Growing fruit in TN clay and other questions.

ryan_tnOctober 20, 2009

Hi everybody,

After lots of reading, browsing older posts here, and trying to learn as much as possible, I feel very close to being ready to grow my first fruits! I've been trying to do some research on the following, but I really wanted the opinions from people who may have experience with it in my area (Bartlett, TN). Specifically, I am unsure of the things I need to do differently (if any) to grow various fruit trees and vines without a raised bed. My list of things I want to buy to put in the backyard include Apple, Peach, Fig, Pomegranate, a few grapes, blackberry, blueberry, and raspberry.

As an example, I've read some accounts that say grapes don't do well in clay, but there are wineries around here that seem to be doing well so it can't be that bad. Would there be anything specific I need to do in order to create the best soil conditions as possible?

Another question I have is that I have read blueberry bushes are picky and want really acidic soil. Do any of you happen to know the "general" ph of the Memphis area soils? Is there anything else about the soil conditions here that would be worth pointing out?

And my final question for now, is there anybody in the area that happens to have some spare fig or pomegranate trees/cuttings that would be open to selling to me? I just thought I'd ask because I would much rather prefer buying from somebody who has had success with these plants themselves instead of purchasing from a vendor that may be hit-or-miss. It'd also be fun to meet somebody close by to chat-up about gardening stuff :-D

Thanks in advance for any help or suggestions. Everybody here always seems so friendly and helpful :) This is a difficult hobby to get into, especially if you don't personally know anybody with experience in the subject! It can be rather frustrating at times trying to figure it all out alone!

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brandon7 TN_zone(7)


One of the first things I'd do is to contact your local extension office and ask them for advice. They should be able to give you lots of answers about what varieties do well in your area, your local conditions, how to work with your local conditions, etc. They'll also probably have handout about all kinds of fruit tree related topics in general and for your specific area. Here is their contact info:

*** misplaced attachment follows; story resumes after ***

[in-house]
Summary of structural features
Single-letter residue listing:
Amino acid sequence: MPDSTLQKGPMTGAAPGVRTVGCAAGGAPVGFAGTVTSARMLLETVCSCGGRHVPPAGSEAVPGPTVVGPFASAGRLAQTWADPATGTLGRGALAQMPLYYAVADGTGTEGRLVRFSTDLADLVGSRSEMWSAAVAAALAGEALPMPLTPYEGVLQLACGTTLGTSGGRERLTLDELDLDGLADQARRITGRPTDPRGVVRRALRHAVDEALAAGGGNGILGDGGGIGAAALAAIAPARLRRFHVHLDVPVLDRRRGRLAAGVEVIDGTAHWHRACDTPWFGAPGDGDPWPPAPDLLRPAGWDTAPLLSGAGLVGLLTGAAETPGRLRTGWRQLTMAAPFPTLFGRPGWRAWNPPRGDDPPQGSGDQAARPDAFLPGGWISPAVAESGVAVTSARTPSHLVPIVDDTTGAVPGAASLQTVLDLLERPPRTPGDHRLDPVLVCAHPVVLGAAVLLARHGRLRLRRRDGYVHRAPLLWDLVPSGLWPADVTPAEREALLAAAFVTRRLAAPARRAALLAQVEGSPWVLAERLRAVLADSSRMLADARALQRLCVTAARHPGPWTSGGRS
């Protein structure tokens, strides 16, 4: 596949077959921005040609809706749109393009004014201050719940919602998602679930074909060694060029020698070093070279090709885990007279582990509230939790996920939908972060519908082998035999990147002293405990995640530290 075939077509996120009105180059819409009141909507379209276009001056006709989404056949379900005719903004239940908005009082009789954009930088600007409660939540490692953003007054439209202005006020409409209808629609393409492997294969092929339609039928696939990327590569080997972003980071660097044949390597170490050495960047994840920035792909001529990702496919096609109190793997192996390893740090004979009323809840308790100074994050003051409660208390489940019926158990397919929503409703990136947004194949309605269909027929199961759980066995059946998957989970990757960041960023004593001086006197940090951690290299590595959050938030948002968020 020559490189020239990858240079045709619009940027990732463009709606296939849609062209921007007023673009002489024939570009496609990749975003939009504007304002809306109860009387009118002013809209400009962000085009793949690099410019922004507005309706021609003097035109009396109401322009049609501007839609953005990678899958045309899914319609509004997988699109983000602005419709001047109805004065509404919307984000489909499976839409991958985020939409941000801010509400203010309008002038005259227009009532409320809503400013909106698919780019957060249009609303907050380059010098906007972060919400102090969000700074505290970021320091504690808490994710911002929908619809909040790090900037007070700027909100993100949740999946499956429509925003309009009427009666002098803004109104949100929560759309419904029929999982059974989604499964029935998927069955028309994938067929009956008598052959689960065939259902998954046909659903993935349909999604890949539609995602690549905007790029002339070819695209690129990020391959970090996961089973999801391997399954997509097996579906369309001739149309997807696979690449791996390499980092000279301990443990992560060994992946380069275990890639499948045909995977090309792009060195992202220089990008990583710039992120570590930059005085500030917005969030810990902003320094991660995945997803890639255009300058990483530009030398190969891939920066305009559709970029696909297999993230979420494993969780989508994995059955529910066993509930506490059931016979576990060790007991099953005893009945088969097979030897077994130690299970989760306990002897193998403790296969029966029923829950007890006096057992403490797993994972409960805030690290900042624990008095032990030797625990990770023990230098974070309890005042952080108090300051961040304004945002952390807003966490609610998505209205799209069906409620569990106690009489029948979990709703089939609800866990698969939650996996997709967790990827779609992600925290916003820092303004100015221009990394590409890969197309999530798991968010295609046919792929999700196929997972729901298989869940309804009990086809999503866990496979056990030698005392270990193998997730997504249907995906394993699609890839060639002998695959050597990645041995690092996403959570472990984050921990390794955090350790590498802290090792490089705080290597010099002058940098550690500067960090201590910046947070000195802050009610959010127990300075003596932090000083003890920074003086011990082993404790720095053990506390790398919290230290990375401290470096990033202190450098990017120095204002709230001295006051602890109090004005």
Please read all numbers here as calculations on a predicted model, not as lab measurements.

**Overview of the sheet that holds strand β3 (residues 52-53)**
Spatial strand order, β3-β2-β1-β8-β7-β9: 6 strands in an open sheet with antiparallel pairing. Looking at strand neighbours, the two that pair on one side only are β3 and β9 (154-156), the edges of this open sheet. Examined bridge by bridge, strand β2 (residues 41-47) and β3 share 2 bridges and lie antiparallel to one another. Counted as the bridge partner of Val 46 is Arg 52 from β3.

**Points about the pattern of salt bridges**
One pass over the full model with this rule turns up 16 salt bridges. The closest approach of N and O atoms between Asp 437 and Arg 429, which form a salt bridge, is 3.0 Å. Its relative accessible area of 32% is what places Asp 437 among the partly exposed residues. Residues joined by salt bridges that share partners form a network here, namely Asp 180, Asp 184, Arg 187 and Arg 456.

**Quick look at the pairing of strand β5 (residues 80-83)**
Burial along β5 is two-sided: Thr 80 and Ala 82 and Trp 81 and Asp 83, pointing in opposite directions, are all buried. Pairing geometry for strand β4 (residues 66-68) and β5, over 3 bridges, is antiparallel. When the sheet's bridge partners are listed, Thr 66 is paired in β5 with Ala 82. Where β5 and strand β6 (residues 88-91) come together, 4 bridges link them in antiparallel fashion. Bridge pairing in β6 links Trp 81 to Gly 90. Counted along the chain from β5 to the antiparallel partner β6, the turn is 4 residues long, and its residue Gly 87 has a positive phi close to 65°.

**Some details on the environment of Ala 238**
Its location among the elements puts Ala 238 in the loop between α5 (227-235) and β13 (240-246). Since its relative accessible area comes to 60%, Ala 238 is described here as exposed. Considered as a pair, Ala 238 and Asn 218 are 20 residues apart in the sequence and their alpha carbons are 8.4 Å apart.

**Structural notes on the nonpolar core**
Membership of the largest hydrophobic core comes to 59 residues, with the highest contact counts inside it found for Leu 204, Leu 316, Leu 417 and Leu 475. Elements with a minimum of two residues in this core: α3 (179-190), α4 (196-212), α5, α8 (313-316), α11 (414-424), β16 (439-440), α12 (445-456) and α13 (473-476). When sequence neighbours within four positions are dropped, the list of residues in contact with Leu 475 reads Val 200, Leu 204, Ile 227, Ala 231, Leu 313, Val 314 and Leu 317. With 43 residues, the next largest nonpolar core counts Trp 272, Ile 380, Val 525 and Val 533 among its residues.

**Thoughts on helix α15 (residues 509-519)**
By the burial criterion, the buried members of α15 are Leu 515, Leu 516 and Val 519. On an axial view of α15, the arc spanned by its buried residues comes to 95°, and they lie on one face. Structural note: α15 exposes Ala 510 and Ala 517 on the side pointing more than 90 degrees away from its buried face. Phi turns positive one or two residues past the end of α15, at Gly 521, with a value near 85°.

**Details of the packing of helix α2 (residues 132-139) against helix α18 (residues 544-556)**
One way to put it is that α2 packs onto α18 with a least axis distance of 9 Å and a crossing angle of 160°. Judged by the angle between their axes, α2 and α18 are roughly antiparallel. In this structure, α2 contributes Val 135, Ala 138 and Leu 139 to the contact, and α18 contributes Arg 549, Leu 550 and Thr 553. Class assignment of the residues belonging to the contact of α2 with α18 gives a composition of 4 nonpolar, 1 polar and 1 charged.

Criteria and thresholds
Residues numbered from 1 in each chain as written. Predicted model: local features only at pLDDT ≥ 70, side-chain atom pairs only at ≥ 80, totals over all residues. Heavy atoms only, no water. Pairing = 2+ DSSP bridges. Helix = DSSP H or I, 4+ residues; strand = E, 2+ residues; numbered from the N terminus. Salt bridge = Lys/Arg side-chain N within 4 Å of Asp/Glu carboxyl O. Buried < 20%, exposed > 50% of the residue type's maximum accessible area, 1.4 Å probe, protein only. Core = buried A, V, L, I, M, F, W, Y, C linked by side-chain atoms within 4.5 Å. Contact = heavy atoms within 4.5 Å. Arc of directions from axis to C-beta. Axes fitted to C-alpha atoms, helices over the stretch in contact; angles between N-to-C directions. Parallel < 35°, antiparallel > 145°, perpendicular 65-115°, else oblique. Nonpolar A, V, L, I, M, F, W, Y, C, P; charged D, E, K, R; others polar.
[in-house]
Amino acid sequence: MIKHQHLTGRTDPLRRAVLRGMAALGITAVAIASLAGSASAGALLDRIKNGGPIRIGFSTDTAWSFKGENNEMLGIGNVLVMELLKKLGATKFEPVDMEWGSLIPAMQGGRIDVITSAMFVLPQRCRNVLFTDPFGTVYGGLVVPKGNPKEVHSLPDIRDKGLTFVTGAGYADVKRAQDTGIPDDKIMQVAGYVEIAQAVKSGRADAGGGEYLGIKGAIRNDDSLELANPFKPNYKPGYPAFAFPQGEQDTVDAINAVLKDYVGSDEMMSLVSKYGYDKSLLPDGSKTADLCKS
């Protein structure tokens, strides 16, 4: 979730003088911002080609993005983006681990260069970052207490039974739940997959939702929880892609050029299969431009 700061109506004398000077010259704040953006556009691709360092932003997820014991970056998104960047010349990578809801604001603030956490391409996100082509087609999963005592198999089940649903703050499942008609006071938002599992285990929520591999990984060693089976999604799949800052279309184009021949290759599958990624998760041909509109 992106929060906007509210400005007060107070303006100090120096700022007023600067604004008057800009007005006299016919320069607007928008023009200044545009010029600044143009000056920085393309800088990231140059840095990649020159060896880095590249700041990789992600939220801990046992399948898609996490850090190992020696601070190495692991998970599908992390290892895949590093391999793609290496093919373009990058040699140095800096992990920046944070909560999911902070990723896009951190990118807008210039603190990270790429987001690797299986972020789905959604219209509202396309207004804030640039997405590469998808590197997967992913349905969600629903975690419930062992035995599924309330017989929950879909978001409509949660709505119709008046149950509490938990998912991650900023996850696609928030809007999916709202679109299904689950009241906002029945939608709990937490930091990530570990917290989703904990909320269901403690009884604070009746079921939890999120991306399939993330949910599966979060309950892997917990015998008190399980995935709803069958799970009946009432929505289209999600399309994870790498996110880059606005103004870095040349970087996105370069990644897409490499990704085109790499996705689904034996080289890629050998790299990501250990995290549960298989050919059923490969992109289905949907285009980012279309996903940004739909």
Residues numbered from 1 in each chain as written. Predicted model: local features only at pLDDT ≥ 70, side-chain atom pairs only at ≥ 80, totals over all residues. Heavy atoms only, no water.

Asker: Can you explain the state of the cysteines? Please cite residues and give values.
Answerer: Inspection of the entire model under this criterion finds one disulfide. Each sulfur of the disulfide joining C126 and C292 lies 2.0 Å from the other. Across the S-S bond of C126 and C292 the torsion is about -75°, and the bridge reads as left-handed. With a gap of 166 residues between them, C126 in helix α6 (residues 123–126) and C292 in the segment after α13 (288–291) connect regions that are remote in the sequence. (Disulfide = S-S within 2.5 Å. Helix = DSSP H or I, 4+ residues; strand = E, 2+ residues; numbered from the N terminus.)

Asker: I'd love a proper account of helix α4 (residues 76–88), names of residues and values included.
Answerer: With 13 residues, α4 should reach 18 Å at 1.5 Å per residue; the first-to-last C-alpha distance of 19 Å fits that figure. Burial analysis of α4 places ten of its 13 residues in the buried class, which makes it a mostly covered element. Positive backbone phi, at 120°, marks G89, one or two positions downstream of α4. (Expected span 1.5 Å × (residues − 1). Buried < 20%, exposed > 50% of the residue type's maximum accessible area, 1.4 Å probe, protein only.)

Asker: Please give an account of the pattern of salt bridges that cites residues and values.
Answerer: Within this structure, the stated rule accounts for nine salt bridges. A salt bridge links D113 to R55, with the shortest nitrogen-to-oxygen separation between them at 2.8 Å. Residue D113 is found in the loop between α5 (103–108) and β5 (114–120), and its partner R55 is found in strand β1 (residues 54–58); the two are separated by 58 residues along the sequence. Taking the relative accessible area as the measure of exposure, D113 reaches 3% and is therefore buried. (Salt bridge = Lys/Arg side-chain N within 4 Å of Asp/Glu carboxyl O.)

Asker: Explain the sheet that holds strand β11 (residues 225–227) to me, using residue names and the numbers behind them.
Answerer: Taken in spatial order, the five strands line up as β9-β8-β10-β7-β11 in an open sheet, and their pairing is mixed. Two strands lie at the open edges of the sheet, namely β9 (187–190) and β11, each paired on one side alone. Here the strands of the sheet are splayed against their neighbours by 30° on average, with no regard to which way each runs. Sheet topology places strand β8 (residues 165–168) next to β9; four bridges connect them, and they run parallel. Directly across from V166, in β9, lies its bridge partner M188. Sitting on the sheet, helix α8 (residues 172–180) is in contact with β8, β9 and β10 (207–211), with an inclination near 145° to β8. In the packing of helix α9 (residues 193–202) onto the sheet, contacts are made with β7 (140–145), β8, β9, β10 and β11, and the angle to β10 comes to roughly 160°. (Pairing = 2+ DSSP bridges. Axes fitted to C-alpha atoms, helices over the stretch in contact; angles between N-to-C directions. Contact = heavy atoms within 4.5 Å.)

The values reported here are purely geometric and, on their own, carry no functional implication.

Shelby County Extension
Agricenter International
7777 Walnut Grove Rd. Suite B Box 21
Memphis, TN 38120
(901) 752-1207- Phone

Some types of fruit trees, apples for instance, can be grown on rootstocks that do well in clay soil. As you probably already know, choosing the right rootstock for your conditions is very important.

While reading your post, one common mistake kept coming to mind. Many people think they can amend the soil in the planting hole to compensate for clay soil. Don't do that! It's one of the top causes for tree failure in home plantings. Drainage and root growth are impaired by this practice. If you do decide to amend your soil (in most cases, not a good idea), amend the soil over a very large area (preferable the expected root zone area of the mature tree) and use a small percentage of amendment compared to native soil.

Here is a link that might be useful: Planting a Tree or Shrub

    Bookmark   October 21, 2009 at 8:39AM
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maternut(7 west tn)

Ryan if you can wait until spring, I could fix you up with Triple Crown black berrys, I have three kinds of figs Chicago Hardy, Celest,(spelling?) and Brown Turkey. Maybe some plums if you would like. I am 65 miles north of Memphis just off highway 51. Would probably have some blue berrys also. No charge for anything.

    Bookmark   October 21, 2009 at 11:24AM
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brandon7 TN_zone(7)

Hey Norm,

Do any of your figs have any symptoms of fig mosaic virus? (I know many people believe all figs may be infected, but I haven't seen any signs of the virus on any of the figs at my farm so far.)

And, is there a chance of me getting some cuttings from your Chicago Hardy? I'd really like to have that variety and haven't seen it for sell locally.

    Bookmark   October 21, 2009 at 1:39PM
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maternut(7 west tn)

Never heard of this virus. Guess I could have it and not even know. I start my cuttings in the fall ( been told I should start in the spring). When would you like the cuttings?
PS sorry to ruin your post Ryan

    Bookmark   October 21, 2009 at 8:17PM
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brandon7 TN_zone(7)


Here's a picture that shows a good example of what the symptoms of fig mosaic virus look like. A non-infected plant would not have the light patches. Some figs don't show nearly this extreme of blotchiness (some apparently don't show any), but the pictures shows what to look for. I snagged this one from Kmousk's Flickr photos.